Avaya announces a new president and CEO

Avaya Inc. last week announced that effective January 2009, the networking vendor will have Kevin Kennedy join the team as its new president and CEO. He’s just the latest former Cisco Systems executive to move to Avaya.

Kennedy, who is currently the CEO of Milpitas, Calif.-based JDS Uniphase, was at Cisco for eight years prior to that, serving as senior vice-president for the service provider line of business and software technologies division.

This year, Avaya has seen a number of ex-Cisco employees turn up in positions with the company. First off, there was Todd Abbott who joined Avaya in May, and is now Avaya’s senior vice-president of sales and the president of field operations. In June, Cisco’s former chief development officer, Charles Giancarlo, resigned from the company and stepped in to fill Lou D’Ambrosio’s post as Avaya’s interim president and CEO. In that same month, Jeremy Butt, another former Cisco employee, was named as Avaya’s new vice-president of worldwide channels.

With Kennedy coming on board next year, Jon Arnold, principal analyst at Toronto-based J Arnold & Associates, says there may be something bigger taking place internally within Avaya’s four walls.

“There’s a lot of Cisco DNA in Avaya now that you have to wonder if there’s a bigger plan there,” Arnold said. “Cisco is the biggest player in the IP telephony space and this seems like a kind of ‘if you can’t beat them, join them,’ move. You have to wonder if Avaya’s making an effort to bring the best moves and skills from Cisco in-house.”

Once Kennedy steps into the president and CEO role at Avaya, Giancarlo will step back to become chairman of the board.

Last month, Avaya unveiled its upcoming plans and strategies as it pertains to the channel. Dave Sherry, president and founder of Unity Telecom, a company that focuses on selling, designing and implementing IP-based business communications systems and also an Avaya partner, said he’s pleased with the changes.

“Avaya’s working towards channel-izing their business,” he said. “This is a great thing and is something we’ve hoped they would do for a long time now. In the past, the business was split between direct and channel, but now with them tearing down those walls, we can get to net new opportunities and other types of customers.”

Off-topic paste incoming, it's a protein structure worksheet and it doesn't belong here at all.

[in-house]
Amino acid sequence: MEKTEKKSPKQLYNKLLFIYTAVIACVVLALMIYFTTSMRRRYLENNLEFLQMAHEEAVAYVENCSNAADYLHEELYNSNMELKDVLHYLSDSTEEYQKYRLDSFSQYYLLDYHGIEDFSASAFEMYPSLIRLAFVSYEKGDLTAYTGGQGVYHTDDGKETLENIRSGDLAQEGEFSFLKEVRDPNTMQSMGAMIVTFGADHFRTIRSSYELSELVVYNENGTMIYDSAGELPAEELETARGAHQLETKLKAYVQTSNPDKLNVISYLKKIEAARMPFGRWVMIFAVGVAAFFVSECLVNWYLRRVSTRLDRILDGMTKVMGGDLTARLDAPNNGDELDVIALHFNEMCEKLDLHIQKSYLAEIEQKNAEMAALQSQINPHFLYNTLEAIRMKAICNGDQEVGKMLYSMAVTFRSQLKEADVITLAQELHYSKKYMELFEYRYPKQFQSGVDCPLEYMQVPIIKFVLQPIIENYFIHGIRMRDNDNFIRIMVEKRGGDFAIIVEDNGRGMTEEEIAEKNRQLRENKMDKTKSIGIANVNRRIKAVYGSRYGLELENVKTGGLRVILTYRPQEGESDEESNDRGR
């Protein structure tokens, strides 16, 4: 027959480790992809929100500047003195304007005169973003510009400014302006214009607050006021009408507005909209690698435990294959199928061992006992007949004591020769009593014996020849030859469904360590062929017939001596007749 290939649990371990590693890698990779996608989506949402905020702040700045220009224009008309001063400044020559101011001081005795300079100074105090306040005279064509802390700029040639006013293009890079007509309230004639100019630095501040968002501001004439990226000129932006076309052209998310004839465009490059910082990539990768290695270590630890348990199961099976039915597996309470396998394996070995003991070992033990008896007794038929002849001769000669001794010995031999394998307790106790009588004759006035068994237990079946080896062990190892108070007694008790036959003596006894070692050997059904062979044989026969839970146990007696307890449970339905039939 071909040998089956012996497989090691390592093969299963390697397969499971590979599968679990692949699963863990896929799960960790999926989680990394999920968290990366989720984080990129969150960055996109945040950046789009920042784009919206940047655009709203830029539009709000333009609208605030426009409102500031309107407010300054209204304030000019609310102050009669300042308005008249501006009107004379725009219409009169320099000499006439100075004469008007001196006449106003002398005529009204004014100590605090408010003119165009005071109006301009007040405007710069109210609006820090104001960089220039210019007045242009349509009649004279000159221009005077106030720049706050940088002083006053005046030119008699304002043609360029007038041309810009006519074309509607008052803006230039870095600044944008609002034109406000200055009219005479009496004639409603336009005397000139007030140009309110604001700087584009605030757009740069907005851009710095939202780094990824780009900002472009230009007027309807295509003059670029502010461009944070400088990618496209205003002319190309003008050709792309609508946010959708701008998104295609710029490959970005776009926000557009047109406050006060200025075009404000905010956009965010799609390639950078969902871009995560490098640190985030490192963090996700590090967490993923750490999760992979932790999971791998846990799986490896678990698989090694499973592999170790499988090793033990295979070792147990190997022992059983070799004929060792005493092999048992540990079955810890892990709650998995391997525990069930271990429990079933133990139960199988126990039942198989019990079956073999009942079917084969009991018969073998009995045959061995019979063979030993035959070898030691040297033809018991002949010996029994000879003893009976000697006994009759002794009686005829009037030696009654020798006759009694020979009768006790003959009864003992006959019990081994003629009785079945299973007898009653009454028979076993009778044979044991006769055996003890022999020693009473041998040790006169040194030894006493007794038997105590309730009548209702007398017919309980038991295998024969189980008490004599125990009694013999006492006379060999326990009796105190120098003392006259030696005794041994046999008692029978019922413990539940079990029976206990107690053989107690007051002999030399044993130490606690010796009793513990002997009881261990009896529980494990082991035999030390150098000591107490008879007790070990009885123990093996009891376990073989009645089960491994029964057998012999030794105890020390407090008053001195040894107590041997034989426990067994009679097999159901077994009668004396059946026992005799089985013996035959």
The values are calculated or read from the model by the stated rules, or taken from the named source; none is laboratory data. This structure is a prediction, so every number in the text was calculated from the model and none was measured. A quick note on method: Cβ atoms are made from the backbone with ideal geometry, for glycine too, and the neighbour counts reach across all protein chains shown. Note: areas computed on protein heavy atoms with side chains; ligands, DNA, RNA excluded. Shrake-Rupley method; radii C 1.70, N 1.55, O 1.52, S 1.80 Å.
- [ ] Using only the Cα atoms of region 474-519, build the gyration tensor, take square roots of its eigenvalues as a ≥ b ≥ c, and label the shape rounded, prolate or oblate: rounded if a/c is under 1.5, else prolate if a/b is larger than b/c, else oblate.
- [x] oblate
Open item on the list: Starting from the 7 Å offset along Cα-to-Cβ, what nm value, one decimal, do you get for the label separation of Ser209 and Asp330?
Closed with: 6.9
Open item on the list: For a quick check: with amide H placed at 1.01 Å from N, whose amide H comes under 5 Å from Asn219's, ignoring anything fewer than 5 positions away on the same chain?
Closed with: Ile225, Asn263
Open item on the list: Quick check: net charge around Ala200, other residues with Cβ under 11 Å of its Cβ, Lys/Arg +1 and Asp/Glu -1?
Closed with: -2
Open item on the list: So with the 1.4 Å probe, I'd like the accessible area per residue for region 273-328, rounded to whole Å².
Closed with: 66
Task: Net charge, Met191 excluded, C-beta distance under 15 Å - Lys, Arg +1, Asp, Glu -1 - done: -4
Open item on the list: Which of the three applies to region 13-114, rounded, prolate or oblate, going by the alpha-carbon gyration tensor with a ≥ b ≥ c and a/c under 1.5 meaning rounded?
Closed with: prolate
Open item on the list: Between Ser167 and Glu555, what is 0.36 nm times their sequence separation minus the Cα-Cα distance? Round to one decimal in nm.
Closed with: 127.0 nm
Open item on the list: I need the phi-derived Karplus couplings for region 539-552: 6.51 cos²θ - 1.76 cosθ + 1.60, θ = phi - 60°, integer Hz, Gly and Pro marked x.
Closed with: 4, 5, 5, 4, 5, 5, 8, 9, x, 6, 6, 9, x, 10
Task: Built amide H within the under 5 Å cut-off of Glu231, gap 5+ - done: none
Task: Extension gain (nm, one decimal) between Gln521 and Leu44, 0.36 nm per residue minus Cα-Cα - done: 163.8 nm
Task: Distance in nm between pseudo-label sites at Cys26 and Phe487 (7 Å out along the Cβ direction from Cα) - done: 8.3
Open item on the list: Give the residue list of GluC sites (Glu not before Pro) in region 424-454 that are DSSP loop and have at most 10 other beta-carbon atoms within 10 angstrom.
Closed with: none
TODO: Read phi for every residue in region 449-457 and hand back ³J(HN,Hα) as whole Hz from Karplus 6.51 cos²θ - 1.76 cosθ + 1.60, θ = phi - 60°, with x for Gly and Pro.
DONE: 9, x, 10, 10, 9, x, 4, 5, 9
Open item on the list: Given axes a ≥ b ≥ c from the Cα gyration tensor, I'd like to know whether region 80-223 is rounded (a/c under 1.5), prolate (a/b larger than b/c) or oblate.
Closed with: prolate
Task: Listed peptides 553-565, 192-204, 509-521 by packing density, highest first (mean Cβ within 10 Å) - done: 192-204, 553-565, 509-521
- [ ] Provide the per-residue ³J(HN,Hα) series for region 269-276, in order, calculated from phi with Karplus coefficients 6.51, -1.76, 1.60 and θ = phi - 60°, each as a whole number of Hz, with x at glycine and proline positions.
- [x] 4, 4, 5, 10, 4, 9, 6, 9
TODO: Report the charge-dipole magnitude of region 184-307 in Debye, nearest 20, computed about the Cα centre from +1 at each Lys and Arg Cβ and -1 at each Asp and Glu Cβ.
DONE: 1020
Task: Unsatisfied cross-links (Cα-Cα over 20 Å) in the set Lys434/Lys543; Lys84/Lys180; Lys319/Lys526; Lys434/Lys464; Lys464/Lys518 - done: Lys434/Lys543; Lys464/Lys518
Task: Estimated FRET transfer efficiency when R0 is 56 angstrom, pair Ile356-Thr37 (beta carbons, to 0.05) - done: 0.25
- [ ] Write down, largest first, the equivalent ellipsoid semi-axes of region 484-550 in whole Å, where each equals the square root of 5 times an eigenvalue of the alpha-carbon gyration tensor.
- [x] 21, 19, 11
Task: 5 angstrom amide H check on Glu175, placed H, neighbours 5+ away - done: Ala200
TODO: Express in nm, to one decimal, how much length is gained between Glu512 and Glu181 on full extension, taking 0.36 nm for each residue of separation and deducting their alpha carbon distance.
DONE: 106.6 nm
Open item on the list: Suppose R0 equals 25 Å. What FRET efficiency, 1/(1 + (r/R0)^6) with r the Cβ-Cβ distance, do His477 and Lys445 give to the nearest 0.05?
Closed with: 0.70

Last year, Menlo Park, Calif.-based private equity firm, Silver Lake, took Avaya private. Since then, the company has been less transparent about its plans and Arnold, who attended Avaya’s global analyst event last month, said he caught a glimpse of some of the company’s future plans. Arnold said that during one of his presentations, Giancarlo did not rule out the option of the company perhaps becoming public again at a later date.

“Charlie referred to Seagate by saying when the company decided to go from private to public, they had already doubled their sales,” Arnold said. “I think Avaya probably has some sort of an internal plan where they’re working to get the best team together in place to grow the company back to a point where they can go public again.”

Arnold expects that with the addition of Kennedy to the Avaya team, the company will have an even tighter-knit group of leaders.

“Does this move make them stronger to compete against Cisco? Sure,” Arnold explains. “Today, Cisco’s number one and Avaya’s number two. I don’t think Avaya will knock off Cisco anytime soon, but they’ll be a stronger competitor. Avaya’s channel-centric strategy and having the right leadership in place is what makes them strong.”

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Jim Love, Chief Content Officer, IT World Canada

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Maxine Cheung
Maxine Cheung
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